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    Hi I was diagnosed as Type 1 LADA 18 months ago, I am still learning! I have found this site very useful especially for tips when having a problem. I too did not want to go on insulin, had weight to lose and was eating low carb. Since that time I have realised that there is a lot of information on preserving beta cells by taking background (basal) insulin, I would recommend Dr Bernstein's book 'my diatbetes solution' he is in favour of low carb diet and it's very informative. I saw on this site many people following it. my endocrinologist insists (I think debatable!) Metformin helps you lose weight (I took it short term as struggled with slight upset stomach even the slow release tablets - make sure you get glucophage the slow release one if you decide to try it.) Short term (8months) I think it helped me. I tried coming off it and as there was no difference to my blood sugars my nurse agreed there was no point in taking it anymore, I had met my target weight and lost some more.
    When ill your blood sugars go sky high, even without food. I ended up in hospital because of this (you will at some point get an infection or bad cold and may (every one is different , but you are at risk of this now) need fast acting Bolus insulin very quickly. Accept it and use when needed better than a 999 call. Certainly for me my range can change quickly especially when ill or exercising and this seems to be typical of LADA so careful monitoring is required.
    I lost 2 stone in 6 months when first diagnosed and on low level of basal (slow background) insulin, fast acting insulin only if needed, and 2x500g glucophage tablets, I was on a low carb 20g carb per day diet I slowly increased this to about 50g carb per day on the advise of the endocrinologist. Calories about 1000-1200 per day. I also exercise daily.
    Now I am maintaining my weight I eat between 60-80g carb per day and about 1200/1300 calories per day. I don't count so strictly now. However I cannot eat bread, pasta, rice and only very small amount of potato as sends my blood sugars high and seems to stop me losing weight. I hardly bother with potato any more. The carbs I do eat are oats (porridge every other day), one slice every other day of pure rye bread, yogurt and root veg. Insulin is natural and vital for you to live, please do accept it but ask to start slowly. If you are eating carefully and exercising I don't think you will gain weight, remember I lost 2 stone. Personally I am glad I was persuaded to try Metformin short term, as the combination of this and the low levels of insulin worked very well and I can say I am slim for the last year. Feel free to ask questions, do lots of research and I hope you find the solution you need, I can really relate to your post so have a lot of hope that you will be ok.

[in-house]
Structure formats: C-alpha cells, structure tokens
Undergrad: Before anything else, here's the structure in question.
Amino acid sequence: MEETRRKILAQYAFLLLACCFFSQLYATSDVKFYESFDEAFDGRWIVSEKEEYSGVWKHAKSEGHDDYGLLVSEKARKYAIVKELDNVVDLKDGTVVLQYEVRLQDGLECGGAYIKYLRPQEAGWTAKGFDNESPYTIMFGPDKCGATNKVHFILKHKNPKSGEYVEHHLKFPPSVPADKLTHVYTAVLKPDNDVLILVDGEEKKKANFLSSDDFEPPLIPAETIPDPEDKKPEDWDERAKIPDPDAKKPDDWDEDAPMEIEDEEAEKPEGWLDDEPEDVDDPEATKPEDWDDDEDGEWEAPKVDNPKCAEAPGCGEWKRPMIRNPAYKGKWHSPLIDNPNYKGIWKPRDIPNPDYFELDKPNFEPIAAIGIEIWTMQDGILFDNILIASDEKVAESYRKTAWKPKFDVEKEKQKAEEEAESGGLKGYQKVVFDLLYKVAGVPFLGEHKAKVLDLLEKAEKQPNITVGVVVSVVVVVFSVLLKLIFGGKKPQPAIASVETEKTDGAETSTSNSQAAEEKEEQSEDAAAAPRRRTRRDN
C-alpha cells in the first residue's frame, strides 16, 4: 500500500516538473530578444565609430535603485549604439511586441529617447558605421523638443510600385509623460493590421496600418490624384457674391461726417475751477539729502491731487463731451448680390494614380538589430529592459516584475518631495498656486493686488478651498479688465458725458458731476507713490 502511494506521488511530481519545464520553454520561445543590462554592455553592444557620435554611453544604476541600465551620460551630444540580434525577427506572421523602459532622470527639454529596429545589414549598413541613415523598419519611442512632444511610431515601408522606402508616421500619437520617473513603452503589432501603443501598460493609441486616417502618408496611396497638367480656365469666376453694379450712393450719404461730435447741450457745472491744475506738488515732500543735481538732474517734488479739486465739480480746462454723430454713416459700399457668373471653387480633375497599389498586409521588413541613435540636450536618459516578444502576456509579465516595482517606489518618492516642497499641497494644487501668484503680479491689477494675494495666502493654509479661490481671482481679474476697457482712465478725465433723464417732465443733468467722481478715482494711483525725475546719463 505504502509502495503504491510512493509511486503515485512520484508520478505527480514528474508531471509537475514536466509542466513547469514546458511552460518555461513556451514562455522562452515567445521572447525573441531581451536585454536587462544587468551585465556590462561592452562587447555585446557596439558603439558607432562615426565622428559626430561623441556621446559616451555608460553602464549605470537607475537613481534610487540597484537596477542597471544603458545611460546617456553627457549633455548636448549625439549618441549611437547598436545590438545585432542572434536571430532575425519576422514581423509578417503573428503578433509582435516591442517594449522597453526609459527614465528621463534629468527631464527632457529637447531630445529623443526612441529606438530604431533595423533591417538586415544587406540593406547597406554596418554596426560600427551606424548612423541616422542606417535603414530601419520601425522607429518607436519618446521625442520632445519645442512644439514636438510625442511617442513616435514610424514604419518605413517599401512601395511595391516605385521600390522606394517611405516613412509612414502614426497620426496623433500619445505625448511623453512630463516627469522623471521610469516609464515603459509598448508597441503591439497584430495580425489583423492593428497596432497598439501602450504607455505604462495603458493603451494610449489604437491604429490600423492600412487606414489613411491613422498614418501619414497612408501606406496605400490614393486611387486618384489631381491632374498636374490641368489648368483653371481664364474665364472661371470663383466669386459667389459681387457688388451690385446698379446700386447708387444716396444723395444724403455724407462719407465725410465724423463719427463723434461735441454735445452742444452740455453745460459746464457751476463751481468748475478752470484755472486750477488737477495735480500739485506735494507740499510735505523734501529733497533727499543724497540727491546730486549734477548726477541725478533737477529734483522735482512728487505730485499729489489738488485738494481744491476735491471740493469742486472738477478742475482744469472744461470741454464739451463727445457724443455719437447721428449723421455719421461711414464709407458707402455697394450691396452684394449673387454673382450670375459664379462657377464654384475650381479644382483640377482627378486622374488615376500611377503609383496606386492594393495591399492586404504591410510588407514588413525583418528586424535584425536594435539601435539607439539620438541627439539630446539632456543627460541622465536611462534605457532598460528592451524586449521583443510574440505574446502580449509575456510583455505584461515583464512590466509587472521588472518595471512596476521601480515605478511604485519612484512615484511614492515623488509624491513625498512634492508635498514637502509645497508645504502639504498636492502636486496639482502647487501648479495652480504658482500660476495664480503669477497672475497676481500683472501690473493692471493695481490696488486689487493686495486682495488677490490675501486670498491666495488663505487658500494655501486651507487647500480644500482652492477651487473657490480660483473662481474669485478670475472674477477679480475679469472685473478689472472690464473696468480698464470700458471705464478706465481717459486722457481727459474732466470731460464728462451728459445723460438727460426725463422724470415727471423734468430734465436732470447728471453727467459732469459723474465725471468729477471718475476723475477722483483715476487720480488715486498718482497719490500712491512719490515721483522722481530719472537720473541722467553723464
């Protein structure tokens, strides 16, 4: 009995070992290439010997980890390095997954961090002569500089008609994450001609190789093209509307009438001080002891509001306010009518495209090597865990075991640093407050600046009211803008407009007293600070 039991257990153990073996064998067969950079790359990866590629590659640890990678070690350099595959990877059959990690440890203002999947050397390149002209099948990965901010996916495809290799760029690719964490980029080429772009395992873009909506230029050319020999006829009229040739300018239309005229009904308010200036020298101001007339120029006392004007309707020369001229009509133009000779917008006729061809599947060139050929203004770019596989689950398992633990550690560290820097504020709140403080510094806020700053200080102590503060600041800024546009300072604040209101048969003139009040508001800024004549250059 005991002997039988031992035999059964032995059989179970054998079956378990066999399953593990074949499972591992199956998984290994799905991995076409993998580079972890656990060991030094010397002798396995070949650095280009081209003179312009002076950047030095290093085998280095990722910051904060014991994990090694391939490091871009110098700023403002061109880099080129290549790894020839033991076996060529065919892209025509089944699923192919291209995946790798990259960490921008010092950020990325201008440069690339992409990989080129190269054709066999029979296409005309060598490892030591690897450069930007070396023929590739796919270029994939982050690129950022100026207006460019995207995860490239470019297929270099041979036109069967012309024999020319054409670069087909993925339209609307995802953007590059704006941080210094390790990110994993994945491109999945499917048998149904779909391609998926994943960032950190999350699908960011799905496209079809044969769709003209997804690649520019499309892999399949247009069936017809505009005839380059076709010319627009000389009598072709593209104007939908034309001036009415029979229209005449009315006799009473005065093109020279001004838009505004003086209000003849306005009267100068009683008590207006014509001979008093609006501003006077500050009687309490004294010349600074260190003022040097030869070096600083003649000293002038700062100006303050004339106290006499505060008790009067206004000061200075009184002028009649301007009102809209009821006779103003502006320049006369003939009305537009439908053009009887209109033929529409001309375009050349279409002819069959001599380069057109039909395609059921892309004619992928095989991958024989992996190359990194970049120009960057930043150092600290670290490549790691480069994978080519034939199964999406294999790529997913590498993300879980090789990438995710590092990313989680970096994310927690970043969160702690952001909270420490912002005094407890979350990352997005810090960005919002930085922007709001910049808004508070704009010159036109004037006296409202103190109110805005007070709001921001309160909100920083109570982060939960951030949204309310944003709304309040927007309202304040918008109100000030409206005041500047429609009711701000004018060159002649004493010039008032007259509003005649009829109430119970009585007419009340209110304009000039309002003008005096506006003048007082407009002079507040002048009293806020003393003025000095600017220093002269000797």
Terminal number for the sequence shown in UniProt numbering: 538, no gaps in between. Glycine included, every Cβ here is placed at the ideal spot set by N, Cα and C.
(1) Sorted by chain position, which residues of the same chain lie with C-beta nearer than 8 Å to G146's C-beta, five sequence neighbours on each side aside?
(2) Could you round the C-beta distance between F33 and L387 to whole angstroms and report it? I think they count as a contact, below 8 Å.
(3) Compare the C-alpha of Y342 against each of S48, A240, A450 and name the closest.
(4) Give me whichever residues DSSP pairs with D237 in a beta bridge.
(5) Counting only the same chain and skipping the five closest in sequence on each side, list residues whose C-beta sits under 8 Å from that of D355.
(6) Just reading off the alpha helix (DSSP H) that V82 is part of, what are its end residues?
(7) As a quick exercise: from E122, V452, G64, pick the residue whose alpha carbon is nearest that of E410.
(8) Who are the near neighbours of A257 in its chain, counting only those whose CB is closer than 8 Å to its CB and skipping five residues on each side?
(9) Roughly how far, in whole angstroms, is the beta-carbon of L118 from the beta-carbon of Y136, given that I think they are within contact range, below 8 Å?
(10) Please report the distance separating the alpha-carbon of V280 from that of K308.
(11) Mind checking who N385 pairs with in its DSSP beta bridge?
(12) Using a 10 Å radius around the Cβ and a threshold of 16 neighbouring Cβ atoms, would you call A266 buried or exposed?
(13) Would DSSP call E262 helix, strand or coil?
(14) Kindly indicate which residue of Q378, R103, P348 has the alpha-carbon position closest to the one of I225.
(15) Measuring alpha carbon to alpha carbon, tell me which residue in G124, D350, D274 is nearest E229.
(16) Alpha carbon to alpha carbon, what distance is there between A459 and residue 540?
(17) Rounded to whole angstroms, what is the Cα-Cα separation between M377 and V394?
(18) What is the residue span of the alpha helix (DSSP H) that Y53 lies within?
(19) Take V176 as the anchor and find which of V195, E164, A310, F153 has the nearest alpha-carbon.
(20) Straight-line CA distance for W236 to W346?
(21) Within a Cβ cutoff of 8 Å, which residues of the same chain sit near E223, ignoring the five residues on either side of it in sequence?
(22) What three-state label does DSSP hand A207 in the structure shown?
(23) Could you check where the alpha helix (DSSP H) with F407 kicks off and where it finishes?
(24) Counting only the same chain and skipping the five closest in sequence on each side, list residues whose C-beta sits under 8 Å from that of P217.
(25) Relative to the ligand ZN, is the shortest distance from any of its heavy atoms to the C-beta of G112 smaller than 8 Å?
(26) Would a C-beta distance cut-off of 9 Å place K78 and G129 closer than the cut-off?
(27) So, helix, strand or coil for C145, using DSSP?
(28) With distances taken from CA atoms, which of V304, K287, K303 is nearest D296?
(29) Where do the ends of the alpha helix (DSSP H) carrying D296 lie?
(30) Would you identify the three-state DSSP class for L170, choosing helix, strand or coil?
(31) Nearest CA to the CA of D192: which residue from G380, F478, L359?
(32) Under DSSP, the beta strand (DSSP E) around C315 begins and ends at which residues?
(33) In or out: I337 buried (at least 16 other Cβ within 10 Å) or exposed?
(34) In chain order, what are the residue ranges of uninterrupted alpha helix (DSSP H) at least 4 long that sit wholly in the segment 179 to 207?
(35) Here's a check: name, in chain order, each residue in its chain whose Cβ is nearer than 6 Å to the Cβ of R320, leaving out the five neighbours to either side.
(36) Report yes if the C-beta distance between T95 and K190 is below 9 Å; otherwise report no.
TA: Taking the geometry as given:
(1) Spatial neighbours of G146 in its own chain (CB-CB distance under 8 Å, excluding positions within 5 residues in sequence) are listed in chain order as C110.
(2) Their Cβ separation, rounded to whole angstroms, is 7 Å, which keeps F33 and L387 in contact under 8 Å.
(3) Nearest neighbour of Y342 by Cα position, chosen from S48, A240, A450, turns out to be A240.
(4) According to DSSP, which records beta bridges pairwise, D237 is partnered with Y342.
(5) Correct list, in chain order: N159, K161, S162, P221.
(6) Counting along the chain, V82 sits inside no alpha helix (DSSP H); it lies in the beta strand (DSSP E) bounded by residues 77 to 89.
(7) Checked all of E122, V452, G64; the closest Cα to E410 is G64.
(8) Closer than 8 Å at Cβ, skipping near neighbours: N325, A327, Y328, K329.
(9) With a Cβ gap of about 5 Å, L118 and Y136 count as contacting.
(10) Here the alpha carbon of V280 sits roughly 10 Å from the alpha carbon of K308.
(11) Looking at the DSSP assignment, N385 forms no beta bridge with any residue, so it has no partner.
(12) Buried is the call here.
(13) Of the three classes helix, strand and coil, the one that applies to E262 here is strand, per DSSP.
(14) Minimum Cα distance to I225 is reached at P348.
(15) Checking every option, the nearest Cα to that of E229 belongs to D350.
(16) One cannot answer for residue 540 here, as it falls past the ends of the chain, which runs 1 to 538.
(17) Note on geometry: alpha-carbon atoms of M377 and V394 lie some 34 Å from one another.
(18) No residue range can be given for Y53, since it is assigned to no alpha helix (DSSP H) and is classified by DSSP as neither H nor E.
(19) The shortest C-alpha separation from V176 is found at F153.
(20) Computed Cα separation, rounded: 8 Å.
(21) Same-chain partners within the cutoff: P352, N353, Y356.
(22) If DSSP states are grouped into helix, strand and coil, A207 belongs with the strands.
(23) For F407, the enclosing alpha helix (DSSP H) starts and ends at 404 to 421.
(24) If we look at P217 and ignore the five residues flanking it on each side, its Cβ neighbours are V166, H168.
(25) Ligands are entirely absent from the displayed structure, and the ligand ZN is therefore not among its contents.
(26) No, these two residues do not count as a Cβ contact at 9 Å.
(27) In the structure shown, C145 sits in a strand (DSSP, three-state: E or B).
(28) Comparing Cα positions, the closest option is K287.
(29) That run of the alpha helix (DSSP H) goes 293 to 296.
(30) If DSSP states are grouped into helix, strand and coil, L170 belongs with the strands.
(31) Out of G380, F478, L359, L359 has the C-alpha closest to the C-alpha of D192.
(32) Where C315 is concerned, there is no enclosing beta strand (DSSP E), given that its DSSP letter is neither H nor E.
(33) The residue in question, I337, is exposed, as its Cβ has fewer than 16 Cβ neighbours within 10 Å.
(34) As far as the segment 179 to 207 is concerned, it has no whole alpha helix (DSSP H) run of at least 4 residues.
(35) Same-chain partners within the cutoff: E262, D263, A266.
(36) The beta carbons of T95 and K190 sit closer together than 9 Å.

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  18. cz_dave

    cz_dave Type 1 · Well-Known Member

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    I agree with others in this thread and I also think it's the consensus in this forum: get started on exogenous insulin fast. It will help you preserve whatever insulin production you still have left - perhaps for years to come.
     
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  19. Millie74

    Millie74 · Well-Known Member

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  20. Millie74

    Millie74 · Well-Known Member

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    All of your questions are really useful. I am in the same position. I was diagnosed type 2 in January with a hba1c of 96. By August it was still at 56mmol despite a BMI of 25 after weight loss and low carb under 50g a day. I had the GAD antibody test. It was positive at 1679 and c peptide was normal. My appointment with endocrinologist is not until March 12th. Long wait. A diabetic nurse called me. The endocrinologist told her too. My last hba1c in December was 45 mmol after further reducing carbs. I am on metformin. Like you worried about insulin. I teach Dance and fear hypos. Also losing driving license a concern. With a few treats at Christmas I had some high bs. Highest was 14 after a tiny bit of icing off side on my husband’s cake. Got back on low carb in Jan and been good. Mostly under 8.0 2 hours post meal. 6-7 fasting. The letter from endocrinologist to GP says thanks for referral. Given positive high antibodies may be LADA. How do you know if you definitely are 1.5? Was just told by GP c peptide normal. I continue to low carb in hope can avoid insulin. Was on it during pregnancy 13 years ago. Hated it and the hypos.